Mauritius PM on World IP Day: IP an asset for knowledge-based economy
Mauritian Prime Minister Anerood Jugnauth called IP an “economic asset for a knowledge-based economy”, at a workshop organised by the National Computer Board of Mauritius and the US Embassy on World Intellectual Property Day. (Image: shutterstock.com)
Following global trends, Mauritius is moving towards a knowledge-based economy, making Intellectual Property (IP) not just a tool but rather an economic asset for the island economy.
Accordingly, Mauritian Prime Minister Anerood Jugnauth stated, “IP is an economic asset for a knowledge-based economy.”
“Digital technology, Internet, Communication, Biotechnology as well as skilled people play a critical role in what is termed as the knowledge economy,” said the Minister of Technology, Communication and Innovation (TCI), Pravind Kumar Jugnauth.
A workshop was organised to facilitate a discussion on the digital economy, creativity versus piracy, copyright and the internet and enforcement of IP in the ‘cloud’ environment among other topics, which was addressed by Michael N. Schlesinger, a lecturer in law at the George Washington University School of Law, and Counsel to International Intellectual Property Alliance, US.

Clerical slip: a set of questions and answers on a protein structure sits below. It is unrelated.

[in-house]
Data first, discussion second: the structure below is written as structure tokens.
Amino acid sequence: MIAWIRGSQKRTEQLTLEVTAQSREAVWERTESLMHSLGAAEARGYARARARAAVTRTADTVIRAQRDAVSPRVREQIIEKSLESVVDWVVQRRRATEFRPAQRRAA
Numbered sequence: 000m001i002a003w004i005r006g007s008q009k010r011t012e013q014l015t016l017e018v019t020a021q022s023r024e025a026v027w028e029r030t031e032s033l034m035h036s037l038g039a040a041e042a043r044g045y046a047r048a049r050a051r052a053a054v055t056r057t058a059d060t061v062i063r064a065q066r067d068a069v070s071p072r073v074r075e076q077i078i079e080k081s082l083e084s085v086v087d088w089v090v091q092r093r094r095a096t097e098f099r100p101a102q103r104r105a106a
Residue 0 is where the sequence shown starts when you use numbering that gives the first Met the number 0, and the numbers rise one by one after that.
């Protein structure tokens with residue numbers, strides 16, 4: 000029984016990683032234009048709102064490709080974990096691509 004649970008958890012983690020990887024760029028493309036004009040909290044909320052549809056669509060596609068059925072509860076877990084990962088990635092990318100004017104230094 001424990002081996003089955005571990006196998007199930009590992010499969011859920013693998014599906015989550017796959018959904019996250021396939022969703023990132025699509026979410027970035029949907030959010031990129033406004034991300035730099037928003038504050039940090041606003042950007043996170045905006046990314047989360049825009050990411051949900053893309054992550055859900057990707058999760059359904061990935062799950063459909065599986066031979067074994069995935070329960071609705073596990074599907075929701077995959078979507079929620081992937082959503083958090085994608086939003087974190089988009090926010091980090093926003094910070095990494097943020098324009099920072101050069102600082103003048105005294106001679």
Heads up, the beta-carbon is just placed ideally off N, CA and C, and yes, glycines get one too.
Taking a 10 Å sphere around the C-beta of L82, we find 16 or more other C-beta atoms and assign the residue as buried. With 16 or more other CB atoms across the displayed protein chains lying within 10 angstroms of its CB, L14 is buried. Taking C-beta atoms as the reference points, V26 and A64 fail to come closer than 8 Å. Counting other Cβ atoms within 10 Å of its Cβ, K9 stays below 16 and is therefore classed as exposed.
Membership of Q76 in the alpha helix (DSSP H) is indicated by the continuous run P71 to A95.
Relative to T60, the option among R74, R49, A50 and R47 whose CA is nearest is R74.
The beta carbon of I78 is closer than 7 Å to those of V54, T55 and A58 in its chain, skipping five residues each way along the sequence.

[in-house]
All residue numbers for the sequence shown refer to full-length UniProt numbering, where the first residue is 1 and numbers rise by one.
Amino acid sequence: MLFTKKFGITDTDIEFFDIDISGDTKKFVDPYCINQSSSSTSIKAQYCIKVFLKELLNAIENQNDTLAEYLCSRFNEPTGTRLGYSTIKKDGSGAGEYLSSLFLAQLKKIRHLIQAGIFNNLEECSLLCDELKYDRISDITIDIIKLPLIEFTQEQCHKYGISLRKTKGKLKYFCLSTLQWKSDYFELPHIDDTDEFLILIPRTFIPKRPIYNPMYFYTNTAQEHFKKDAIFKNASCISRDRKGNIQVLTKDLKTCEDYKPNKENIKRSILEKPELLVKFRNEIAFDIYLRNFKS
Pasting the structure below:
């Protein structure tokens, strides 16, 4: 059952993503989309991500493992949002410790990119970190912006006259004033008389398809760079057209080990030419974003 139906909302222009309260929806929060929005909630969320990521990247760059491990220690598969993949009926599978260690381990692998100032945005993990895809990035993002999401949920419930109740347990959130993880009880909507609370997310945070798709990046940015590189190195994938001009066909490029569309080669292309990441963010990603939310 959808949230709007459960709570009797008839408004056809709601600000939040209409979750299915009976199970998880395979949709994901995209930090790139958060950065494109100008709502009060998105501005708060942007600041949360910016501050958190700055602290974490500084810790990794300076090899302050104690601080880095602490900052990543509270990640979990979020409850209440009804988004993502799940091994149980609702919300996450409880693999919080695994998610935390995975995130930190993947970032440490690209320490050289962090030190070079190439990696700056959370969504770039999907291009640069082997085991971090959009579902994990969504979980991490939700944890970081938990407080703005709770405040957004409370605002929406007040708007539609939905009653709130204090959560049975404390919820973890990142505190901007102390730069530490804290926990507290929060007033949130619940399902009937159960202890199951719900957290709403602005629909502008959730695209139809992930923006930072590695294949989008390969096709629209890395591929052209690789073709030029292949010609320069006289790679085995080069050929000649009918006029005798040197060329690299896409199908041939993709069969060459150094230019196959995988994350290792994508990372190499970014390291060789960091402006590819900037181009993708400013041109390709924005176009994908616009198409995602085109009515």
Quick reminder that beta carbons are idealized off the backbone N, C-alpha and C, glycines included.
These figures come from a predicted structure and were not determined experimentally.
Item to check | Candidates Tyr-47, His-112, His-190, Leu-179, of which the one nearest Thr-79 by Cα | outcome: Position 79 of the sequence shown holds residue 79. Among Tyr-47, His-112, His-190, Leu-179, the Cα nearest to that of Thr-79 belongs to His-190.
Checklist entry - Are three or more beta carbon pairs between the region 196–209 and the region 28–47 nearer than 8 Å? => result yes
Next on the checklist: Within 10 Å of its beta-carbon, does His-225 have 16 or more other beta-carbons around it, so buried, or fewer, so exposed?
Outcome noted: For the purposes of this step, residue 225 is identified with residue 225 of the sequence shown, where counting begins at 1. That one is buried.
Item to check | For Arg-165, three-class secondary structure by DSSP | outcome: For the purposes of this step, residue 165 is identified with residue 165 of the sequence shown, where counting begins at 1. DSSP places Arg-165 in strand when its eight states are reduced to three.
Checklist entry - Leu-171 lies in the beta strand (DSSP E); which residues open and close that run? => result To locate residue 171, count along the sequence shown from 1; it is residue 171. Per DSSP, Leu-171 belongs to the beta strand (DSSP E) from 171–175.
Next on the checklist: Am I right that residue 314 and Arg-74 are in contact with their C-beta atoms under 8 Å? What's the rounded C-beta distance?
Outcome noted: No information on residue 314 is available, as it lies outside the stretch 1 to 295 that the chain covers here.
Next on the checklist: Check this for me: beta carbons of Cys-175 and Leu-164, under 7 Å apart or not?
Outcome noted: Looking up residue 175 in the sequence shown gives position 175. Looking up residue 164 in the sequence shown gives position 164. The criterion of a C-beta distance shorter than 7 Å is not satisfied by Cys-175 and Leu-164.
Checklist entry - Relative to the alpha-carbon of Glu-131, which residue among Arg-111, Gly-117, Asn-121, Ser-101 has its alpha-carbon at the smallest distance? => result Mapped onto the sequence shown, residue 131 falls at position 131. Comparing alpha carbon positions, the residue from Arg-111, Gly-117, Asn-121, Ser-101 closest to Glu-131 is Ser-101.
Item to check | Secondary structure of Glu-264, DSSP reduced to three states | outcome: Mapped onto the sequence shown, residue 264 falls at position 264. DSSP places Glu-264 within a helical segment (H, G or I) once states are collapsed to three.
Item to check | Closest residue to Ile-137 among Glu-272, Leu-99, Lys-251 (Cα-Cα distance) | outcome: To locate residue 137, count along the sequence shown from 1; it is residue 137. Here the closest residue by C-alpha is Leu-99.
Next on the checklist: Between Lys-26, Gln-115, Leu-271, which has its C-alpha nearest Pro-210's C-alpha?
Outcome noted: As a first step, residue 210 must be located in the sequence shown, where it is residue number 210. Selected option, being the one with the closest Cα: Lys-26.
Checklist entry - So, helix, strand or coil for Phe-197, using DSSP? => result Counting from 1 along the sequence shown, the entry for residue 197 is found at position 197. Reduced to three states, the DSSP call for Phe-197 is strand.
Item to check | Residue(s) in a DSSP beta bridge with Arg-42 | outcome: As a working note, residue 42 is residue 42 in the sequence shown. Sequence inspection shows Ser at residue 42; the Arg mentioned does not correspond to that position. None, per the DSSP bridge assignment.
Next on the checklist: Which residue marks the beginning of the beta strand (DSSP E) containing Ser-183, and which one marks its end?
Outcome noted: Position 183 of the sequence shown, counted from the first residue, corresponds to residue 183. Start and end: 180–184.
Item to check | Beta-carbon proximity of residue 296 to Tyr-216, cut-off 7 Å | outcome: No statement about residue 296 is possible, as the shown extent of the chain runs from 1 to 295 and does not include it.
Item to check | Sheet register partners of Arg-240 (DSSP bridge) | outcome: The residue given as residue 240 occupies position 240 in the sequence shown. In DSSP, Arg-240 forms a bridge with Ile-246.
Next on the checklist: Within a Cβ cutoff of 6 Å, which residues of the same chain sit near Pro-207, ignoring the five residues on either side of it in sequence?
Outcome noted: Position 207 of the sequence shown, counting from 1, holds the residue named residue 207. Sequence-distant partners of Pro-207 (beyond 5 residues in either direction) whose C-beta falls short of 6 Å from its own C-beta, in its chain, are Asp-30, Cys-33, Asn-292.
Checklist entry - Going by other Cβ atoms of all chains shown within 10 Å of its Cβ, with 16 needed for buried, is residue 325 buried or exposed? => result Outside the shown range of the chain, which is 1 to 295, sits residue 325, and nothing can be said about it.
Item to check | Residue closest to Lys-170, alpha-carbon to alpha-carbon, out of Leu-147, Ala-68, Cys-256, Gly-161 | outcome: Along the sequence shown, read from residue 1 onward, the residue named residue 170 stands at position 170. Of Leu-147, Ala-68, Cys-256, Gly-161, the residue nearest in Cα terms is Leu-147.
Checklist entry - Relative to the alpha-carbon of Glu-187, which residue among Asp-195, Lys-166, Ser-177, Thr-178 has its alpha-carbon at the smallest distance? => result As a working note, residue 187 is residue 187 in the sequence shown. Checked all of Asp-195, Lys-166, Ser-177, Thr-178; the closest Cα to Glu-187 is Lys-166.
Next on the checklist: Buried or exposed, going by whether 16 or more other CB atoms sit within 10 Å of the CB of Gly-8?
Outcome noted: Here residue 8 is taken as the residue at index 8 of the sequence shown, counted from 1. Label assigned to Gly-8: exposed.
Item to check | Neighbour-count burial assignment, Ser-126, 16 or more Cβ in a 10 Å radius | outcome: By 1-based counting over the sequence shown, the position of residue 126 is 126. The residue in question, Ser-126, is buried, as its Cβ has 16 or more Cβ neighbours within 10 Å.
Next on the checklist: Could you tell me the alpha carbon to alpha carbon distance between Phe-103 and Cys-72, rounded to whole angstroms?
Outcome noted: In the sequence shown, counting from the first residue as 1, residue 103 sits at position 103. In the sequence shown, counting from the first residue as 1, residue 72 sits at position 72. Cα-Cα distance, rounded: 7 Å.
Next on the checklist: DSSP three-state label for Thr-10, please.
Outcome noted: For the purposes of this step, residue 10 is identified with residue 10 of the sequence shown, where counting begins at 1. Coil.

Pravind Jugnauth also highlighted that the workshop on Intellectual Property Rights in the digital economy was geared mainly towards sensitising policymakers, ICT Professionals and researchers on the ways that the growing digital economy is impinging on copyright.
The TCI Minister put emphasis on the protection of IP which is a vital component of innovation and scientific advancement and pointed out, “Many benefits of invention will be lost if the resulting IP is not protected whereby robust IP laws enable inventors to convert their innovations into commercial ventures”.
The rapid growth of the digital economy, enabled by broadband penetration, and coupled with increases in computing power and storage, creates global markets for content and rights holders but it also creates a threat that, without adequate controls, can damage creative industries.
Intellectual Property Rights (IPR), aim at safeguarding innovation. With this in mind, Budget 2015 makes a provision of Rs 125 million towards the promotion of innovation, inventiveness and creativity through the ‘National Innovation Programme’.
All youngsters need to be motivated to have an innovative and inventive mindset, which can be achieved by offering STEM subjects at school, whereby STEM is a curriculum based on four disciplines, namely Science, Technology, Engineering and Mathematics, through an inter-disciplinary approach resulting in enhancing skills for problem solving and critical thinking.